- School & Youth
- Get Involved
Six-board box. Red cedar. Dovetailed at side corners. Brass rococo escutcheon and bail pulls at sides. Ogee base molding. glued and nailed to the case. Rests on bracket feet.
chests (case furniture)
red cedar (wood)
eastern white pine (wood)
Eastern white pines, red maples, and northern red oaks thrived in the forests of eighteenth-century New England. However, red cedar comprises five of the six boards that form this Boston box, produced about 1750-1770. The exoticism of red cedar, shipped from Bermuda to Boston in the eighteenth century, made it more prized than native wood, yet less expensive than mahogany. The box belonged to prominent Boston merchant Oliver Brewster (ca. 1757-1812), and likely carried small valuables. By the mid-eighteenth century, such small forms of case furniture grew outmoded in many urban centers. Nevertheless, the fashionable features of the box, including finely crafted dovetails and delicately carved feet, reveal how a craftsman modernized a traditional form.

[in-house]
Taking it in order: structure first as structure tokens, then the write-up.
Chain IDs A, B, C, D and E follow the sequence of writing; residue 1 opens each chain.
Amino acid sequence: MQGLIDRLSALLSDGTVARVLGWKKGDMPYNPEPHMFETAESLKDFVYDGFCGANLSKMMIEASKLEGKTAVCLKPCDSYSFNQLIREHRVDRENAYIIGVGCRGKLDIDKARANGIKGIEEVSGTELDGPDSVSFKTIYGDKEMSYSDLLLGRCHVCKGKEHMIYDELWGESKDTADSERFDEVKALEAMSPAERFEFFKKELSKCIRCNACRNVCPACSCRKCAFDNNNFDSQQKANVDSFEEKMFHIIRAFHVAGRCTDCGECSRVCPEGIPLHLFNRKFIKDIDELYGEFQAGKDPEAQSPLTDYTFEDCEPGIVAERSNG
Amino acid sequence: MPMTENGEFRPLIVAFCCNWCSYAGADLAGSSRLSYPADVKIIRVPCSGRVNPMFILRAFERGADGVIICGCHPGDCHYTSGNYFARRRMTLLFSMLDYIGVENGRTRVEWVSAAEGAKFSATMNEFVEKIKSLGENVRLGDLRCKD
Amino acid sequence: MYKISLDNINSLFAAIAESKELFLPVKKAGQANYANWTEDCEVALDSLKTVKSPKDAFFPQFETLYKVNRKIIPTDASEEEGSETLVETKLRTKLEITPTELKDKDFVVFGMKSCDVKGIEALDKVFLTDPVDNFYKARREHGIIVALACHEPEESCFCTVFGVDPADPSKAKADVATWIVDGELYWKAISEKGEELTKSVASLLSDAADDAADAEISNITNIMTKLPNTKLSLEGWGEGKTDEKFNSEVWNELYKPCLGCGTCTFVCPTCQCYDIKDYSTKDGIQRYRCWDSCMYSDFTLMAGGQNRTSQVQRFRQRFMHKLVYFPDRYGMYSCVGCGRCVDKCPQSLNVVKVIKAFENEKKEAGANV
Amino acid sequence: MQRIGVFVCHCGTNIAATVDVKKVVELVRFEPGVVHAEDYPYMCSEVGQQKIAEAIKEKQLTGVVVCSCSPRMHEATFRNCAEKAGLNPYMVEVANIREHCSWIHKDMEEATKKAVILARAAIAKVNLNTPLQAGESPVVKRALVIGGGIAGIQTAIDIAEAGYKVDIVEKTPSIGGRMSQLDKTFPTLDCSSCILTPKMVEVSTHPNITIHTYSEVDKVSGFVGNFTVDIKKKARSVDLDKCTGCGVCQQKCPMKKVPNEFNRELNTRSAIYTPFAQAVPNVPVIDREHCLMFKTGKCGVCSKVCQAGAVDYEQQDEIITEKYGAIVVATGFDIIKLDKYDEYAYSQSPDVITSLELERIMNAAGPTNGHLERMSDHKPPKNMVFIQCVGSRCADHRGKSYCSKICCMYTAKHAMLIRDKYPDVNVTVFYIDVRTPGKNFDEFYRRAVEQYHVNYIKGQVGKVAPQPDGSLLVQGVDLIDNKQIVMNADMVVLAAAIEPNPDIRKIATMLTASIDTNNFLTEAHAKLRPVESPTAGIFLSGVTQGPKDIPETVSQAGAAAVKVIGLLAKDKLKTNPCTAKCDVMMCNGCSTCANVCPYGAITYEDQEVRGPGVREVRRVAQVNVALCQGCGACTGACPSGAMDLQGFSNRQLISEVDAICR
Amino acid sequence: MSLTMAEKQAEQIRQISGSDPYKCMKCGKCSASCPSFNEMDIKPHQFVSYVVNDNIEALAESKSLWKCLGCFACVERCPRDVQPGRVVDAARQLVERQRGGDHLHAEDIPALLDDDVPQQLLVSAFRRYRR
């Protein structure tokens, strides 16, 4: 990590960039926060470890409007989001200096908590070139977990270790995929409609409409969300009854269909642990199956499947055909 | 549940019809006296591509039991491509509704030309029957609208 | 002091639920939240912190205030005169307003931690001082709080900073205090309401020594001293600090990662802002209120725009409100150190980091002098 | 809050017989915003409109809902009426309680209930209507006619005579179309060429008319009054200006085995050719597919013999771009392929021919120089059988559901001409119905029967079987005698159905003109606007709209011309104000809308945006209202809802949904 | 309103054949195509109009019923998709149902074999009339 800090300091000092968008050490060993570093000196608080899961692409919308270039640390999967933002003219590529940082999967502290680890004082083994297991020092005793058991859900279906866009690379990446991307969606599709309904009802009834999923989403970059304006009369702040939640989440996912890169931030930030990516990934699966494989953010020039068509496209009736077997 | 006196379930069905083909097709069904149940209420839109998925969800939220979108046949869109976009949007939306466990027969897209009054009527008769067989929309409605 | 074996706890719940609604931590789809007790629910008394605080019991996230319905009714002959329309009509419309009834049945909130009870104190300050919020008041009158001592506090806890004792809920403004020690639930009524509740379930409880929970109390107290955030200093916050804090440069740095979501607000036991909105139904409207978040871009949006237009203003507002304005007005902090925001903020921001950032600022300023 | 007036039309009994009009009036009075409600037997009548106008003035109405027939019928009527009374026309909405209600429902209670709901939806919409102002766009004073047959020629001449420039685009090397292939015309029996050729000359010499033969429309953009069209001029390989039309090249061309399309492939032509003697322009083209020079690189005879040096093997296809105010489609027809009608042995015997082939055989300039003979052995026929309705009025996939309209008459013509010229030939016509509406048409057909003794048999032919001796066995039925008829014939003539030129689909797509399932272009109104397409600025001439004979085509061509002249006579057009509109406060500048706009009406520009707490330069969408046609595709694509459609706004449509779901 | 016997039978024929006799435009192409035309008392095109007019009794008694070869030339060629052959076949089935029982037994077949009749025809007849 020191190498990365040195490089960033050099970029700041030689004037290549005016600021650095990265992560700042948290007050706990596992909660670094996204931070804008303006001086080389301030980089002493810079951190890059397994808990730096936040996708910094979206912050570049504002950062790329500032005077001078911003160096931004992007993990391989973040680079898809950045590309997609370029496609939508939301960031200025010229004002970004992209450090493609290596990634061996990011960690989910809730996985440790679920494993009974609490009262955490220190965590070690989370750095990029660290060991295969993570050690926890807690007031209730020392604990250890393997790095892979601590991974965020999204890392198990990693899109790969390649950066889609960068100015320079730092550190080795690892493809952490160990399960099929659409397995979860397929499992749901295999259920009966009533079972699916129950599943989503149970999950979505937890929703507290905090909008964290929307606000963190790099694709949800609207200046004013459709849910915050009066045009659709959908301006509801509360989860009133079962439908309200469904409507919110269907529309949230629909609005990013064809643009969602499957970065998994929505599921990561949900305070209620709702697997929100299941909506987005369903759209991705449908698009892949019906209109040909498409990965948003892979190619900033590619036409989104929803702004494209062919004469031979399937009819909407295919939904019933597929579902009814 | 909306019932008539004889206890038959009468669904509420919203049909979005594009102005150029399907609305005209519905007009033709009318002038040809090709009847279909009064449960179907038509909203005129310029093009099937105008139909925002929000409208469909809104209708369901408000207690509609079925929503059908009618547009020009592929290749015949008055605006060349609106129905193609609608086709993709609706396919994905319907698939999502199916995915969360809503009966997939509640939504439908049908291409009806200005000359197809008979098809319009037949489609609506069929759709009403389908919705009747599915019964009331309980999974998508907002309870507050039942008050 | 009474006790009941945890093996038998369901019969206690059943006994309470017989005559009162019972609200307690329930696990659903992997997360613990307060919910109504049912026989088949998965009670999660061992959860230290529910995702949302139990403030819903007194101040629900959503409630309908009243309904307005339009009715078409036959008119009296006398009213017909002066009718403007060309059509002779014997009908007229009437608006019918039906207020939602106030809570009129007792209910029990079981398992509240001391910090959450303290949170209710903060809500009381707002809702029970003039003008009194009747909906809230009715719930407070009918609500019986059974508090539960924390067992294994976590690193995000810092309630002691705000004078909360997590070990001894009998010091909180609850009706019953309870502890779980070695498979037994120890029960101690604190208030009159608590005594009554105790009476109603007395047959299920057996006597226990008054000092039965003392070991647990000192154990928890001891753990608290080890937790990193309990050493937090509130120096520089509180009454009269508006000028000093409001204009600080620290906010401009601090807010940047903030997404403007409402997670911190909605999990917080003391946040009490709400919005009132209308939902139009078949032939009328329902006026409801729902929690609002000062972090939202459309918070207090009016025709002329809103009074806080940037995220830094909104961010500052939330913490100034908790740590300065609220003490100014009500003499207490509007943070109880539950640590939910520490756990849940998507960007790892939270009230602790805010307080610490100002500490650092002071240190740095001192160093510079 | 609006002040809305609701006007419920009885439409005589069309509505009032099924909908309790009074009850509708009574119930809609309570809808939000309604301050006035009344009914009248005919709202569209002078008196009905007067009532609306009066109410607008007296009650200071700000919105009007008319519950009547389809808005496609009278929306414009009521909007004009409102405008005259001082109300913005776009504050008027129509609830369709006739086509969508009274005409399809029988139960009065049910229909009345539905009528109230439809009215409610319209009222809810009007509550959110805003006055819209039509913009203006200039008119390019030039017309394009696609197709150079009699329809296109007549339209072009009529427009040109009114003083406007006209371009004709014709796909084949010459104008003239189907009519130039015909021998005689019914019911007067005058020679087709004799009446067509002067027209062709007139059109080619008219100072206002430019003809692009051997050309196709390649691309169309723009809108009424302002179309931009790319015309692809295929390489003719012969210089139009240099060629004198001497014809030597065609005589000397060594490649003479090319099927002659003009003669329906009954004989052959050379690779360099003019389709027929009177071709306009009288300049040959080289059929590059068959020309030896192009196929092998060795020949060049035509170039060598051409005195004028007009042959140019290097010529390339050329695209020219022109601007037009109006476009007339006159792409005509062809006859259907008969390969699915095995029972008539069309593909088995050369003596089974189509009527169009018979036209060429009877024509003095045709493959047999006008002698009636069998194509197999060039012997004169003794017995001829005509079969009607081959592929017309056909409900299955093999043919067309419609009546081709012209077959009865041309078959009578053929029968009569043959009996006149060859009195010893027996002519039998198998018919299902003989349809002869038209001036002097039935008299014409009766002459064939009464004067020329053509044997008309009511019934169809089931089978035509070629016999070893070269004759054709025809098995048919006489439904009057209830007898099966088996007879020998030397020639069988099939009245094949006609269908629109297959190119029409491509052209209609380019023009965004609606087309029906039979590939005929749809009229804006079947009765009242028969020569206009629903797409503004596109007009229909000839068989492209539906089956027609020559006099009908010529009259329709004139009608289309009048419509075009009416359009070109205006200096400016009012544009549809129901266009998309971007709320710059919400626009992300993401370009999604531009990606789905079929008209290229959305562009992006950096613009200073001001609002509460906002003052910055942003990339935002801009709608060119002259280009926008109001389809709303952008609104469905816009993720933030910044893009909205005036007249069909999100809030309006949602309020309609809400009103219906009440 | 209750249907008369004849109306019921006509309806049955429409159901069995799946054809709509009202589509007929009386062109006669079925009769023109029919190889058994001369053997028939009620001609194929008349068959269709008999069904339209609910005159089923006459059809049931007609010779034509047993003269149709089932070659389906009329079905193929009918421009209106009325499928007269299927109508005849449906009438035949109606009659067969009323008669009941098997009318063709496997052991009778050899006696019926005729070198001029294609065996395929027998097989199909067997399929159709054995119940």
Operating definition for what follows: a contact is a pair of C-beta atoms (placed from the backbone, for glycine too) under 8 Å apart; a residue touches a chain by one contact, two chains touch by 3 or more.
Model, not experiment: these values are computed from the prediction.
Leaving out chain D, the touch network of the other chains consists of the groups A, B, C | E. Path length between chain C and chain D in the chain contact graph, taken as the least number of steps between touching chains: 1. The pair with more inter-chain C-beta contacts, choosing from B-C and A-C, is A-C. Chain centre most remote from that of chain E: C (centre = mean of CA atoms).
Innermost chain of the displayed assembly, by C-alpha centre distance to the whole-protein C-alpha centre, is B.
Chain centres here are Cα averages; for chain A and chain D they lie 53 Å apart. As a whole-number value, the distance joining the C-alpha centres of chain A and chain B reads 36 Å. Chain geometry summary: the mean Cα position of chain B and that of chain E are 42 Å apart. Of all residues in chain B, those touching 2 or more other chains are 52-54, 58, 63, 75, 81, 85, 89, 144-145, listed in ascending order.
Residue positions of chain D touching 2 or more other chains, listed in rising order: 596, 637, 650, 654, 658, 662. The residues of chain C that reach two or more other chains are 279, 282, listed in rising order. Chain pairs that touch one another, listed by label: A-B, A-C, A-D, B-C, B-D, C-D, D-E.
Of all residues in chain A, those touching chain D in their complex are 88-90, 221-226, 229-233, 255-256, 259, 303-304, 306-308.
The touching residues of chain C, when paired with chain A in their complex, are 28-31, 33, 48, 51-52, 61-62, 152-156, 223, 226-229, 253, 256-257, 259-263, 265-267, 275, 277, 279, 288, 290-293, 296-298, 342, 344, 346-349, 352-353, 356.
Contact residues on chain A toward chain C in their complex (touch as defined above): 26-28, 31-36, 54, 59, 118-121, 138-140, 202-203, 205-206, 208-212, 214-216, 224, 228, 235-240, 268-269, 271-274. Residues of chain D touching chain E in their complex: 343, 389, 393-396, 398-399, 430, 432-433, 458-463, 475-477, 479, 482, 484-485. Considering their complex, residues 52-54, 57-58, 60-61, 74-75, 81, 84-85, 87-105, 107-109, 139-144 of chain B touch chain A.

8 5/16 x 23 1/2 x 11 1/2 (HxWxD) (inches)
Massachusetts (United States)
Boston (Suffolk county, Massachusetts)